Q: What does your insurance company have to do once you tell them you were in a car accident?

A: An insurance policy is nothing more than a contract. That contract defines the rights and obligations between the insurance company and the insured. Once you advise your insurance company that you have been involved in an automobile accident in Florida it has the affirmative obligation to undertake to investigate what happened. It has the obligation to let you know that you have certain benefits under that policy in the event you are hurt. For example you have no fault or PIP benefits that will pay regardless of who is at fault in the accident. You also have the obligation to cooperate with your own insurance company. That’s part of your contract. The insurance company has the duty and obligation to determine whether or not there may even be a claim made against you and if so your insurance company will defend you and any claim against you.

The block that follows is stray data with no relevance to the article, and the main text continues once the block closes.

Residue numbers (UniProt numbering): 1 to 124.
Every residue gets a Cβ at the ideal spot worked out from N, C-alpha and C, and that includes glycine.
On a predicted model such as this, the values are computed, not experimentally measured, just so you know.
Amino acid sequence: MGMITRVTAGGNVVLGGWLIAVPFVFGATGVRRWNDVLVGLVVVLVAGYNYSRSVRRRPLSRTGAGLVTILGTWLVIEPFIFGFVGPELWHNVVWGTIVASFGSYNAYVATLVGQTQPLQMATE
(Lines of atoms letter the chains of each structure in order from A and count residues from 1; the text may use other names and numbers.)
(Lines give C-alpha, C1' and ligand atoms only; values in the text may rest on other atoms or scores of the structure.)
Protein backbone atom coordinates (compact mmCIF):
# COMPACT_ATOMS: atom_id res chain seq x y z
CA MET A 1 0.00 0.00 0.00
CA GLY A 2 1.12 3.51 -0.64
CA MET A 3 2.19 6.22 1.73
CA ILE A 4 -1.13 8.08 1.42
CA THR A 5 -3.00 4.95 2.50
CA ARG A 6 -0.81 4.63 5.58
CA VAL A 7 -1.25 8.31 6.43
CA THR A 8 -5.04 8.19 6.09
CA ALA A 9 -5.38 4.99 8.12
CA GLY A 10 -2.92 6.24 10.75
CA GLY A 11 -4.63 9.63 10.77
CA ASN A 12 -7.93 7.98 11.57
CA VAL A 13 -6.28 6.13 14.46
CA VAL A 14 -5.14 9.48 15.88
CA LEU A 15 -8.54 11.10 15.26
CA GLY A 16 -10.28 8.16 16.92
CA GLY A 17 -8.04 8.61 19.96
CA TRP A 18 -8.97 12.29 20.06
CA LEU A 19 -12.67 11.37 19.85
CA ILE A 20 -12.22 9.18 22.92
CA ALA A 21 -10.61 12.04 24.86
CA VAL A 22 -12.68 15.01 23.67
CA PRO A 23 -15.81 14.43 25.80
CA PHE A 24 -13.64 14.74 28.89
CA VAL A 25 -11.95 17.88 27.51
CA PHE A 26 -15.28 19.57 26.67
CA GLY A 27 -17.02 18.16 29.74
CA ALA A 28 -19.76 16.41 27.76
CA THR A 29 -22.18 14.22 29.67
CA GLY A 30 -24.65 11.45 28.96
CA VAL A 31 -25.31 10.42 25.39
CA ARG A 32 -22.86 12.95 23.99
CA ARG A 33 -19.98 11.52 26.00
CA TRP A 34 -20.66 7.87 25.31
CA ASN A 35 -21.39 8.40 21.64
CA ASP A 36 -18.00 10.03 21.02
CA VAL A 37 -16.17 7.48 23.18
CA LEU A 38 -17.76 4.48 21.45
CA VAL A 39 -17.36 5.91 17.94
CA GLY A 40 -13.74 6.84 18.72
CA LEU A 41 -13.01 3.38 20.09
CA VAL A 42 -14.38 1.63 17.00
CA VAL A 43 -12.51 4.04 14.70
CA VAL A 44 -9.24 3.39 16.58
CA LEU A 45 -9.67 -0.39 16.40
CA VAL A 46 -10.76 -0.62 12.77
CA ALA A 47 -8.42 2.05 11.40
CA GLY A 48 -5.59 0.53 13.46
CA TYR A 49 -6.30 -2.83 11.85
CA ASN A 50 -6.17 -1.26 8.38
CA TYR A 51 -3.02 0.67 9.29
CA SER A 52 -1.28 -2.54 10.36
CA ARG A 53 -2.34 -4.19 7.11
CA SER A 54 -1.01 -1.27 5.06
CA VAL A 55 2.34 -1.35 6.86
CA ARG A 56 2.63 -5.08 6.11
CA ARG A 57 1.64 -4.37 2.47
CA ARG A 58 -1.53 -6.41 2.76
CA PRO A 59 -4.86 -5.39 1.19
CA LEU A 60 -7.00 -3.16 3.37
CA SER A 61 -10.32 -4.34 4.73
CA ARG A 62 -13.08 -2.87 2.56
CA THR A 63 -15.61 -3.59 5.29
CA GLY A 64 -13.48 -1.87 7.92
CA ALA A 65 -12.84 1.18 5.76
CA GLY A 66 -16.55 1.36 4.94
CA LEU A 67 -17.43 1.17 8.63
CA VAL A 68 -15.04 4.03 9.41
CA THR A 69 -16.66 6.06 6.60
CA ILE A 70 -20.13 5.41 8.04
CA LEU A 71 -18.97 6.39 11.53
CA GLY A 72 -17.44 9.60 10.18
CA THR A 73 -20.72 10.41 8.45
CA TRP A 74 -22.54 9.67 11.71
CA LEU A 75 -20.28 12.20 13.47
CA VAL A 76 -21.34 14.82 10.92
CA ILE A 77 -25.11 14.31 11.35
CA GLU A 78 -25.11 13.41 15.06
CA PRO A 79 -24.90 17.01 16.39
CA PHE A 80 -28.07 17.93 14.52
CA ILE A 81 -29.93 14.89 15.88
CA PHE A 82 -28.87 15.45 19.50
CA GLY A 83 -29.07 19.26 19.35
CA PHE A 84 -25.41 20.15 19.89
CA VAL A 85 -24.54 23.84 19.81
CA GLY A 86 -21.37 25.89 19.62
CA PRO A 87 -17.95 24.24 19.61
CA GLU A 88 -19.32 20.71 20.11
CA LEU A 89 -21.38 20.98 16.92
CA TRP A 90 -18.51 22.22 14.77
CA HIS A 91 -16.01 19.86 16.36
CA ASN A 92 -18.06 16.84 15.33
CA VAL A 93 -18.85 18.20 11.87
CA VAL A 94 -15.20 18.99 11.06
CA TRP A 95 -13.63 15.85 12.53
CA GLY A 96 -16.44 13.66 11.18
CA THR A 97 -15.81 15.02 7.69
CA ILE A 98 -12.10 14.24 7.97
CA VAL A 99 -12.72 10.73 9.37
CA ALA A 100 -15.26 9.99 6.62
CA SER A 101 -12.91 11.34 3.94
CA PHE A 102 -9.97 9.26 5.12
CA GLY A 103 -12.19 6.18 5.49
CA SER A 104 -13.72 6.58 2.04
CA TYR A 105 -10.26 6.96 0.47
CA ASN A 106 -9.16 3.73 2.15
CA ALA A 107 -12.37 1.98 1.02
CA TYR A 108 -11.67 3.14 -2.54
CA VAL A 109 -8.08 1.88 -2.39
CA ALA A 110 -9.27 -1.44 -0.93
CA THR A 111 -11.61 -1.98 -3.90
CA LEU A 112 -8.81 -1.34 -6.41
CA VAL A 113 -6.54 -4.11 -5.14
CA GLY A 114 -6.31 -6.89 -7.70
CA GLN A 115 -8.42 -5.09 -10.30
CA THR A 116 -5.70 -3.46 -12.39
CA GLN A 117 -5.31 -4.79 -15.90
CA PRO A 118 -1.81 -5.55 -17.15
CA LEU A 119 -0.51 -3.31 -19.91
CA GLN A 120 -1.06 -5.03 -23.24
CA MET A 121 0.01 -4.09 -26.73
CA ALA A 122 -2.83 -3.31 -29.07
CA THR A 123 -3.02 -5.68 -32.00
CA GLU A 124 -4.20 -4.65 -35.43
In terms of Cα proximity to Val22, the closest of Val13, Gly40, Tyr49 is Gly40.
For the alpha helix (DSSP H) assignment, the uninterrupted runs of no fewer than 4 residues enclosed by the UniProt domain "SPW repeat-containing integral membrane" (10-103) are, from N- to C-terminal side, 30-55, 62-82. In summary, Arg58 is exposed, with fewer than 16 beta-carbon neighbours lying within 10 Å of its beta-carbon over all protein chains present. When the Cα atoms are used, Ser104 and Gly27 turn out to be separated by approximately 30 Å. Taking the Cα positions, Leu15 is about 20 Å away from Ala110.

Related:

_______________

Do you have questions or comments? Then please feel free to send Alan an email or call him now at (954) 458-8655.

 

 

If you found this information helpful, please share this article and bookmark it for your future reference.

In a Florida Trip and Fall Does The Victim Have to Show The Property Owner or Business Owner Had Knowledge of The Negligent Condition?

Posted By on June 6, 2016

According to Florida case law as of the date of this article, a property owner or business owner will not be liable for a trip and fall without the victim providing evidence of the owner’s constructive knowledge or actual knowledge of the dangerous or negligent condition.

See: Miami-Dade County v. Herndon, 776 So. 2d 360 (Fla. Dist. Ct. App. 3d Dist. 2001)

Related:

_______________

Do you have questions or comments? Then please feel free to send Alan an email or call him now at (954) 458-8655.
 
 
 
 
 
If you found this information helpful, please share this article and bookmark it for your future reference.